Sustainability Reads: September 8- September 14

Two Degrees of separation: ambition and reality Low carbon Economy Index 2014
PWC’s Low Carbon Economy Index (LCEI) this year shows an unmistakable trend. For the sixth year running, the global economy has missed the decarbonisation target needed to limit global warming to 2 ̊C. Confronted with the challenge in 2013 of decarbonising at 6% a year, we managed only 1.2%. To avoid two degrees of warming, the global economy now needs to decarbonise at 6.2% a year, more than five times faster than the current rate, every year from now till 2100. On our current burn rate, we blow our carbon budget by 2034, sixty-six years ahead of schedule. This trajectory, based on IPCC data, takes us to four degrees of warming by the end of the century. An interesting finding was that this is the first year that developing economies such as China, Mexico, and India cut their carbon intensity at a higher rate than developed countries, such as the U.S. and Japan.

This Hawaiian Island is So Polluted With Plastic That it Might Become a Superfund Site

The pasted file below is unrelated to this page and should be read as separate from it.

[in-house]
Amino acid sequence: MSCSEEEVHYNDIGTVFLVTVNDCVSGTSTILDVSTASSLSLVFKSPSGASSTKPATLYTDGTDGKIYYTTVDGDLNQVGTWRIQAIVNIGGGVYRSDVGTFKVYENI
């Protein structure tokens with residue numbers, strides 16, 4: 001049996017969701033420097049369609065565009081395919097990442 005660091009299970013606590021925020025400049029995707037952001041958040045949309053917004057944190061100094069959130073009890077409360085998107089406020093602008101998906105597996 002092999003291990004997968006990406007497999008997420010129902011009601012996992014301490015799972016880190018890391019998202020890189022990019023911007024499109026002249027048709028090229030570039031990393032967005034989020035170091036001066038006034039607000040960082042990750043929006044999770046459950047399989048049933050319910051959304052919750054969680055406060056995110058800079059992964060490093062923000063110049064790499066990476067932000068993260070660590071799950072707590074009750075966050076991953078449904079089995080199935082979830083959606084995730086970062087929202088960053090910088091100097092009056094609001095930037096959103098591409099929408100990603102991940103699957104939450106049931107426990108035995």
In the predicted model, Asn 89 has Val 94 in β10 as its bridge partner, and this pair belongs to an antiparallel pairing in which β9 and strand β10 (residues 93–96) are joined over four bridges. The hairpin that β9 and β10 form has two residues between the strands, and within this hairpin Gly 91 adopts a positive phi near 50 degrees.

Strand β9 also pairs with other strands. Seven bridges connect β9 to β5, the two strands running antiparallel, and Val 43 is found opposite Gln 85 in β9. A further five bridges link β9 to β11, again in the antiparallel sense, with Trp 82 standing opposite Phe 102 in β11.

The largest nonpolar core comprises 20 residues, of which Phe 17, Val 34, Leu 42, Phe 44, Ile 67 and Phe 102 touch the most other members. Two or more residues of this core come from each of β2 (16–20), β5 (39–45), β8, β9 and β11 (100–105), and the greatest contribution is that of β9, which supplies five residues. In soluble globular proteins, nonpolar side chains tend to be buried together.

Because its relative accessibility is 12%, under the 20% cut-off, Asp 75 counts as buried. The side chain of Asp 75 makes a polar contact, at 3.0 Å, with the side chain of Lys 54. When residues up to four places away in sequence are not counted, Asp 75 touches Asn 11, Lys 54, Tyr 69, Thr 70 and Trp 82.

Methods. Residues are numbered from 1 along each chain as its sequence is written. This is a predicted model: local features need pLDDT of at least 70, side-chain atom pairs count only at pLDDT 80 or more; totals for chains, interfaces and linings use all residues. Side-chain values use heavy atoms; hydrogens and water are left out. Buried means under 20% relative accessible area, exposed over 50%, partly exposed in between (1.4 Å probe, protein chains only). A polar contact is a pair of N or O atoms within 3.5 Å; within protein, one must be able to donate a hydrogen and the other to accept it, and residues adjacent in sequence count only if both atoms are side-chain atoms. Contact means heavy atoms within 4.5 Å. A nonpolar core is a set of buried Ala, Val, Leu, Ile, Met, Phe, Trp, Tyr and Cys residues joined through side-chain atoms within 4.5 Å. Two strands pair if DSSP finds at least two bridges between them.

Tern Island, an island 564 miles northwest of Honolulu is a remote island but one that is directly in the path of the Great Pacific Garbage Patch, thus polluted with plastic that often finds its way into the bodies of marine life and birds. Studies have even concluded that this plastic can accumulate and “transport contaminants in the marine environment into the food chain”. But this pollution doesn’t only come from plastic, as much of the contamination leaving the island so disastrous was actually left behind from the military activities that took place on the island. For these reasons, the Tern Island is on its way to be designated by the EPA as a Superfund site, a designation that the EPA gives to areas severely contaminated by hazardous waste. This would be the first Superfund designation granted for a site that was investigated for ocean plastic pollution. By Taylor Hill on TakePart.com.

Good News: EPA Standards Could Lower Electricity Bills
As the EPA starts to unroll the new Clean Power Plant regulations, many critics are using the classic, old criticism: that it will result in higher electricity rates, especially for middle-income Americans. This EDF blog actually disproves this criticism, and acknowledges that the new regulations could even lower electricity bills. According to the EPA’s models, the average monthly electric bill will be $8 lower in 2030 with the Clean Power Plan than without it. Published by EDF by Mandy Warner.

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